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FORUM GODFATHER.....R.I.P. PAT
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I have started filling my bike with premium gas for winter storage, as it contains no ethenol, I also run stabilizer through it.
That depends on local conditions though so check. All grades contain ethanol in my area.
 

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Has anyone ever encountered a problem starting a gasoline engine of any sort after a six-month period of storage? I certainly haven't with lawnmowers, weed wackers, and outboard motors. For a year or more I'd probably want to prepare for storage, but not for seasonal idleness. Some gasoline companies on their websites claim at least six months stability of their product with no additional additives.

But honestly, if you have to store your motorcycle for more than six months, you don't need Sta-Bil....you need to move to another climate zone.:green_lol:
 

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Why a rubber mat under the front tire? My tires are made of rubber.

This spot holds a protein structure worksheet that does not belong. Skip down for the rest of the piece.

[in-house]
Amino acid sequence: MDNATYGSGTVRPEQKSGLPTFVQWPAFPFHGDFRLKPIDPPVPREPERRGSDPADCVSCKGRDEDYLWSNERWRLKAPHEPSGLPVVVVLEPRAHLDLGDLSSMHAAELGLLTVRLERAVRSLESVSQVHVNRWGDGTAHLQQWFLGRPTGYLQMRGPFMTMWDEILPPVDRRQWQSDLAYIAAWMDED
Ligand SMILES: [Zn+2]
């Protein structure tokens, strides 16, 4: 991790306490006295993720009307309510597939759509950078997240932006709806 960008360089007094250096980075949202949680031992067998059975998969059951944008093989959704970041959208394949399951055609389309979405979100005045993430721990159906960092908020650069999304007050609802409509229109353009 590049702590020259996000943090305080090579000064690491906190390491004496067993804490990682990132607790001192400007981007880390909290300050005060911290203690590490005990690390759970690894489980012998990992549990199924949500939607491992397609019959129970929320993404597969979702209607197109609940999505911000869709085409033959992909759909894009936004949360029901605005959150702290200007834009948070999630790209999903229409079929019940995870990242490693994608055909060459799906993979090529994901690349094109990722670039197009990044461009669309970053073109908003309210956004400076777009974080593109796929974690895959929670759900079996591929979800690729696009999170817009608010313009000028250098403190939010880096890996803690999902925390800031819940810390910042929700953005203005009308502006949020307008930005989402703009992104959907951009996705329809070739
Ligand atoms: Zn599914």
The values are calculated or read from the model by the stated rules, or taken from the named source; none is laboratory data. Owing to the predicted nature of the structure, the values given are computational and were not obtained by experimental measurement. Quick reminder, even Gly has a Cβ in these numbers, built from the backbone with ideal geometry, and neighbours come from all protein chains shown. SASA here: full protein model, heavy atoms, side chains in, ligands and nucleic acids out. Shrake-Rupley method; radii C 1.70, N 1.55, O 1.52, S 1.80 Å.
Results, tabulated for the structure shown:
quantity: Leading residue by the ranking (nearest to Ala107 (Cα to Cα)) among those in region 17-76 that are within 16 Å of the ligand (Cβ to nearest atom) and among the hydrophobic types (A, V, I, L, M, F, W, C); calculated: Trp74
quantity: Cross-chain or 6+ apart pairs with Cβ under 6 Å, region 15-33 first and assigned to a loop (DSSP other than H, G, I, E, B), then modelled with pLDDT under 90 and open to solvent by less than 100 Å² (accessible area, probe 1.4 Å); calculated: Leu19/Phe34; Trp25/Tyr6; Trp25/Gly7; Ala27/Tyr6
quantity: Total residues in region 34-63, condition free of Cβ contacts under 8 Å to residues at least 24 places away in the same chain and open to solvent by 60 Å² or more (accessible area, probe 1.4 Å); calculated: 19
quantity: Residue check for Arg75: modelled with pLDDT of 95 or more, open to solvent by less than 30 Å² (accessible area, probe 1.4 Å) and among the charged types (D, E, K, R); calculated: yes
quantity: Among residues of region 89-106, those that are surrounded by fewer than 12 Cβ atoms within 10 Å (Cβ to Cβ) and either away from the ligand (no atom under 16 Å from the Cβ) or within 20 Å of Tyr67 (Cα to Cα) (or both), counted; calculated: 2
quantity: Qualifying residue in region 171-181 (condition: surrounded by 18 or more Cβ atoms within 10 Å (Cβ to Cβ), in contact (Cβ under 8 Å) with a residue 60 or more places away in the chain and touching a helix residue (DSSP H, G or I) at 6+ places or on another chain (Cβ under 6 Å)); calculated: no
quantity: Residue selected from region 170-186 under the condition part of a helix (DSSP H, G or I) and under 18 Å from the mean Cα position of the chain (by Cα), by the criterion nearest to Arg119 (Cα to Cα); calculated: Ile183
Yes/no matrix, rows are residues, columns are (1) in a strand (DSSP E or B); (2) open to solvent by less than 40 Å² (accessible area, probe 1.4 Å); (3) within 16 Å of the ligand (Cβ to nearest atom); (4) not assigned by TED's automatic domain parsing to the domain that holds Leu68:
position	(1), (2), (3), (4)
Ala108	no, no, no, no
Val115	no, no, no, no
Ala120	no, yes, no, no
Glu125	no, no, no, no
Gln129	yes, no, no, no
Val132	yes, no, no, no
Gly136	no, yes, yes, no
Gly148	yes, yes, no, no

Habit, mostly. Not sure if the mat is rubber, vinyl, or some synthetic concoction. For over winter storage I use something as a barrier between the tires and the concrete. Could be a complete waste of time and effort but it's what I do.

From Bridgestone's "Tire Doctor".

We would recommend the following steps in storing a vehicle:

1. Make sure the floor / ground surface is free of any petroleum product contamination (Oil, grease, fuel, etc.) since petroleum products will attack rubber and can cause significant damage to compound characteristics.

2. Thoroughly clean your tires with soap and water.

3. Place a barrier such as plastic, cardboard, or plywood between the tires and the ground surface.

4. Cover your tires to block out direct sunlight and ultra violet rays.

5. Do not store the vehicle in close proximity to steam pipes, electrical generators or animal manure since these accelerate oxidation of the rubber.

6. Make sure your tires are fully inflated with air.

7. When the vehicle is ready to go back into service, inspect the tires for excessive cracking in both the sidewall and tread area and check all tire air pressures. Tires will normally lose about 2 PSI per month so you should expect to find the pressures lower than when you put the vehicle into storage. Re-inflate the tires to the correct air pressure before operation.


YMMV
 

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Fun fact UV sunlight on Aluminum makes an Ozone generator

You need the tank full or sealed to avoid it breathing in moist air